Teachers and Teaching Assistants: A team is more than the sum of its parts

‘I have a teaching assistant? What do I do now?’…Does this ring a bell?

Teaching assistants (TAs) are a valuable resource and the majority of teachers will work alongside them in the classroom. Their in-depth knowledge and experience should be a gift to hard-pressed teachers but EEF research has shown that many teachers do not, or do not know how, to deploy Teaching Assistants effectively in the classroom…

Few are better placed to demonstrate how to most effectively use TAs in a mutually beneficial way than Laura who, before becoming a Teach First participant, was a TA in her placement school.

Laura and her Year 1 class are accompanied by teaching assistants Fazarna and Malenka who, between them, have 17 years of experience working in the classroom.  Laura, Fazarna and Malenka work together to impact positively on learning and establish a calm and nurturing classroom. How does Laura, with the TAs, create and maintain this effective team? Below are a few elements of this team-work that deserve to be shared.

  • Laura, Fazarna and Malenka respect and support each other. Communication is key to this. At the start of the year, Laura gathers her team and they discuss how to best work with each other. She is not afraid to ask for feedback after lessons, appreciating the fact that her TAs can see what has worked well and what hasn’t. This open approach has the added benefit of assuring her TAs that she values their opinion.
  • Laura is meticulously organised, not only in what she wants to do with the students, but also how she uses her TAs for maximum impact. She incorporates them into her planning. One of the biggest qualms of TAs is that they can go into a class ‘blind’. Laura, Malenka and Fazarna stay after school for 20-30 minutes and plan for the next day. They know not only the content of the lesson but also their specific pedagogical and support role.
  • Laura outlined her long-term aims for her class with her TAs at the beginning of the year. After conversations with her LDO, Laura shares the specific strategies that she will use to implement these aims. Consequently, Fazarna and Malenka know and reinforce these aims. For example, in fostering independence Laura encourages her students to ‘magpie’ and ‘steal’ words from each other in literacy. Fazarna and Malenka echo this in their approach, they don’t ‘spoon-feed’ an answer to pupils, rather taking an active teaching role. In order to do this, teachers must let TAs know what their aims are and how they plan to achieve them.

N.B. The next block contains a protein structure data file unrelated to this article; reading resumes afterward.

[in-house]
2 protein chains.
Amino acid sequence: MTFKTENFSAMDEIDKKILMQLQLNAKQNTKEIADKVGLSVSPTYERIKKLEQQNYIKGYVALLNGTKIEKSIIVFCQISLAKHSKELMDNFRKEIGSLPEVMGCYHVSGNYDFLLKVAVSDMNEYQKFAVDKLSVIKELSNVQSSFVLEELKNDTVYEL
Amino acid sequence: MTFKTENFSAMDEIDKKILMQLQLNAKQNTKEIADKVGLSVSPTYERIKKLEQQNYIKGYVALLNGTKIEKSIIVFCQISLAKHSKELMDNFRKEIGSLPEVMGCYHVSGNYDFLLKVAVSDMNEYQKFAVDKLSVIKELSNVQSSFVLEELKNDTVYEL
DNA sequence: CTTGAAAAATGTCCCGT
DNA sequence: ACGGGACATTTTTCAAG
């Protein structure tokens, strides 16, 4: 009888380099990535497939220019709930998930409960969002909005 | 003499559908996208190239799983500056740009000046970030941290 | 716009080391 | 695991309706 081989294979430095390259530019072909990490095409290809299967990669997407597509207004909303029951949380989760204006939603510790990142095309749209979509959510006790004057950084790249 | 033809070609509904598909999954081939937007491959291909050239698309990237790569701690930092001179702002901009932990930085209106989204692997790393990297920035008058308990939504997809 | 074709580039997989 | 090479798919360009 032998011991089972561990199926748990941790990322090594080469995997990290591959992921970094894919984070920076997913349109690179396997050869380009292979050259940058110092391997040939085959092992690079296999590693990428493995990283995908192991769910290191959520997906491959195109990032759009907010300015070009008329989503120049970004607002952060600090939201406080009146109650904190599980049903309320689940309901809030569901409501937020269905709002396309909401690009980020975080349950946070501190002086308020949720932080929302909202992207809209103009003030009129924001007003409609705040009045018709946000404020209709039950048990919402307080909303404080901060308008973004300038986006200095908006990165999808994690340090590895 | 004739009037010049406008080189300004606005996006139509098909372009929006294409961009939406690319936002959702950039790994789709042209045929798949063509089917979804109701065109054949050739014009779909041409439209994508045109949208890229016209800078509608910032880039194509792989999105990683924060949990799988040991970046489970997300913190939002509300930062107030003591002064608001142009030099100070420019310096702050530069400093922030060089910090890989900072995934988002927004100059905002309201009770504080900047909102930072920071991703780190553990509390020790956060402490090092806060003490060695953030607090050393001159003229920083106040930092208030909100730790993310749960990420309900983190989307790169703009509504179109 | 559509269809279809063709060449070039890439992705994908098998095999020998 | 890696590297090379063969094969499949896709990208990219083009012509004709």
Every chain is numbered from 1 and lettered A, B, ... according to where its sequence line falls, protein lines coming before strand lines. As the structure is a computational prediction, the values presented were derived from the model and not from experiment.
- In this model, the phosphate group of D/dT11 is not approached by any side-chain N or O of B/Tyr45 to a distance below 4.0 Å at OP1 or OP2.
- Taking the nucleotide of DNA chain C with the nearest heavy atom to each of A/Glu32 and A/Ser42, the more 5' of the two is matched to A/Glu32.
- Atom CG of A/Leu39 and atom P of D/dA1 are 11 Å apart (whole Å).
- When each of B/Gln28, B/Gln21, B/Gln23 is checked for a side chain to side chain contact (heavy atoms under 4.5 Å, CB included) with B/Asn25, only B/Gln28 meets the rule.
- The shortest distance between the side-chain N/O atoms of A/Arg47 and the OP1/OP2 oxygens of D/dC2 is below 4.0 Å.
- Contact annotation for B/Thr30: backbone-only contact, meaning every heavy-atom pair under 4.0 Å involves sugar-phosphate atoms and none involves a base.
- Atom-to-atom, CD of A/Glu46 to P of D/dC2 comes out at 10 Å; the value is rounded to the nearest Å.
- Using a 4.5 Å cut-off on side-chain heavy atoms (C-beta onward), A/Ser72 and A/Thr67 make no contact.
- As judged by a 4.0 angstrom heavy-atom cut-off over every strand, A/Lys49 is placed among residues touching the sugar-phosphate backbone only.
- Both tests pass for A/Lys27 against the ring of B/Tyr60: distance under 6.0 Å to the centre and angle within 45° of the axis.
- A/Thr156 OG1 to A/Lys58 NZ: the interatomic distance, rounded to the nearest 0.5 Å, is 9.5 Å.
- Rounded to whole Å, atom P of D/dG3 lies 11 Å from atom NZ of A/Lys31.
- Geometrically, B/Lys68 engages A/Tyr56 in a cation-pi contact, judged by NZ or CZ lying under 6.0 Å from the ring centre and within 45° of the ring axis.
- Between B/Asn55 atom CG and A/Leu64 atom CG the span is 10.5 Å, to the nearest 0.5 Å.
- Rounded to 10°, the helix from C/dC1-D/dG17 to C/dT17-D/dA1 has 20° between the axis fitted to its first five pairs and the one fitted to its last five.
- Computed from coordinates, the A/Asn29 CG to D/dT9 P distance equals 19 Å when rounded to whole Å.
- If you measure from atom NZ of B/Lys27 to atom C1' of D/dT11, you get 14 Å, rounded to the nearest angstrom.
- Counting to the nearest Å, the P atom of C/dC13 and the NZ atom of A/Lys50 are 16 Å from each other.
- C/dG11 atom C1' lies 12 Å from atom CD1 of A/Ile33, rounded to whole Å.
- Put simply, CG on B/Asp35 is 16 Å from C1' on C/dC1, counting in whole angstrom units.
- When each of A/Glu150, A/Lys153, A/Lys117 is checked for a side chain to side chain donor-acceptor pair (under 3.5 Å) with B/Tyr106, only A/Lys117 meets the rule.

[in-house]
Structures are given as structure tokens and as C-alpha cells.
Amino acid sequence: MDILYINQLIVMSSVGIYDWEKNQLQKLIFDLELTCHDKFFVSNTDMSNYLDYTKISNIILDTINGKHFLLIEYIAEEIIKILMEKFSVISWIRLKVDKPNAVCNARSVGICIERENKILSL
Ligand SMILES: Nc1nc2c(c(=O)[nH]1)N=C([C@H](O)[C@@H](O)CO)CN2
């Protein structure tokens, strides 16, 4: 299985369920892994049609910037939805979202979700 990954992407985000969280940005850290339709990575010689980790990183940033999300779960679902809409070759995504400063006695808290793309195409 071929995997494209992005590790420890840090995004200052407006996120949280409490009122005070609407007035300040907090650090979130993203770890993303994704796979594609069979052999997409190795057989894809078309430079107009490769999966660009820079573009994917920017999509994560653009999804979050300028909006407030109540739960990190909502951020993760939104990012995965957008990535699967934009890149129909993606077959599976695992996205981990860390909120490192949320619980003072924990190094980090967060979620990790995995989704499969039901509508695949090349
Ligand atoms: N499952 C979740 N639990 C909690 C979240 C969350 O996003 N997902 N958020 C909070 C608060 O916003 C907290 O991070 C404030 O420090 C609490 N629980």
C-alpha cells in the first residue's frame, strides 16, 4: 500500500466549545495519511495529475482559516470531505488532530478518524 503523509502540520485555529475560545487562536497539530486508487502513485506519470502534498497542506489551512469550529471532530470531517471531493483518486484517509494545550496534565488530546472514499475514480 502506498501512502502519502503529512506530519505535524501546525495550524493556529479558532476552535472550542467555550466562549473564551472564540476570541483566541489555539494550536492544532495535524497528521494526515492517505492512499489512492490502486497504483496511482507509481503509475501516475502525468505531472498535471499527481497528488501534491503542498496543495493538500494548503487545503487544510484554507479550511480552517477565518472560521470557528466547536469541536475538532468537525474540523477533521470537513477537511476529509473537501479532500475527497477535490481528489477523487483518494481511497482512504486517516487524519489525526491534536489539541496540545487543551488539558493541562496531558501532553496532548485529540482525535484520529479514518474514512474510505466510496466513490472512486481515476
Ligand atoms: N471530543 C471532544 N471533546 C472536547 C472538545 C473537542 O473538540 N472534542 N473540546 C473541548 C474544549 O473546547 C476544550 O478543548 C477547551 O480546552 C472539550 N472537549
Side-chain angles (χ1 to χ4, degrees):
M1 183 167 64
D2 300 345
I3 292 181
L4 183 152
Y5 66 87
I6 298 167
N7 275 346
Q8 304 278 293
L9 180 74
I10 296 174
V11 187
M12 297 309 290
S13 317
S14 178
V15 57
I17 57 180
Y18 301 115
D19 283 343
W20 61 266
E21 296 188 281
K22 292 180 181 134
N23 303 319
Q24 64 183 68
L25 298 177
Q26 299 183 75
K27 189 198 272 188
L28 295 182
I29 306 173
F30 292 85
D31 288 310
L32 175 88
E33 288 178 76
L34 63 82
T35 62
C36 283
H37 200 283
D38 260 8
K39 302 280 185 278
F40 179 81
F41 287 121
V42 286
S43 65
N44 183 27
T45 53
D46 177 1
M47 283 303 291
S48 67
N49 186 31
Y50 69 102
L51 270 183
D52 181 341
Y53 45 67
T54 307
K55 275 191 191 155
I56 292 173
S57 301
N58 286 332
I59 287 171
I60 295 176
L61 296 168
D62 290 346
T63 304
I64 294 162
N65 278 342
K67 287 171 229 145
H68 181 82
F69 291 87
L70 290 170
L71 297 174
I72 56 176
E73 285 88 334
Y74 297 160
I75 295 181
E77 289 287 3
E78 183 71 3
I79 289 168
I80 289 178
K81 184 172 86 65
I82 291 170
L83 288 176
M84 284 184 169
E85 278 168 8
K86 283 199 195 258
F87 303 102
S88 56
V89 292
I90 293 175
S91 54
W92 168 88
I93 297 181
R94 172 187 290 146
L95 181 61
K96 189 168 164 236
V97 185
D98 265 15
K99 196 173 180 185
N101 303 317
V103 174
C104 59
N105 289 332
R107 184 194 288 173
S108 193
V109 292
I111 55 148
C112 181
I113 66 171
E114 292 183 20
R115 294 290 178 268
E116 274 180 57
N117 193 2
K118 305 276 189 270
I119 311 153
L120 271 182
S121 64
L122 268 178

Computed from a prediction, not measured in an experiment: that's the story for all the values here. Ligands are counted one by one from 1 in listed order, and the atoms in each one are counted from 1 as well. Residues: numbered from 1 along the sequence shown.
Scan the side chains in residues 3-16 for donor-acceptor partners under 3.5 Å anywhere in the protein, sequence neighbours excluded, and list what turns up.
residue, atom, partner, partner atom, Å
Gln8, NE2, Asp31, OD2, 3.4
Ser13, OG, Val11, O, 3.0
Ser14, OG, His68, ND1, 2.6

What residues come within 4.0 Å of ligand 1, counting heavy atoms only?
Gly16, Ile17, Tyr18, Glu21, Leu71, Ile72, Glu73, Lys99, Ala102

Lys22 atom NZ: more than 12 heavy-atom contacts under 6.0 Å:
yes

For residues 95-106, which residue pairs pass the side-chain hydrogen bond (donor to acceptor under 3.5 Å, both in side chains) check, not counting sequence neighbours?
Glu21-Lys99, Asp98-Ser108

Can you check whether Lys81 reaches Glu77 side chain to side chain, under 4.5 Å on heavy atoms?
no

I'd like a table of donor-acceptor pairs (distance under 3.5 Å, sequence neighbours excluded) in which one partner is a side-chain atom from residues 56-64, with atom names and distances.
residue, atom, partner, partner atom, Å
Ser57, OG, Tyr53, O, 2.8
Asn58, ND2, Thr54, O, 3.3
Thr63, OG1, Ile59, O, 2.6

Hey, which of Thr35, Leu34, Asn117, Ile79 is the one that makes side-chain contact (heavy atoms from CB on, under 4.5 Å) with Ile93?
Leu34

• Laura, Fazarna and Malenka all take an active role in the classroom with autonomy to identify and address needs. For example, Fazarna and Malenka identify where there is need for interventions and conduct them independently, thus sharing ownership of the class with Laura.  They are involved in group discussions and sit with children on the carpet, not only managing behaviour and maintaining pupils’ focus, but also encouraging discussion. When completing a writing task, Laura, Fazarna and Malenka each have their own table of students, and they rotate between tables every day. This ensures that all pupils in the class, especially EAL and SEN students, have exposure to three different teaching styles as well as access to teacher support when necessary.

 

 

To sum up, clear aims, effective communication, mutual respect, regular feedback, openness to review and shared purpose make the most effective use of teacher and assistant time and experience. A team is more than the sum of its parts.

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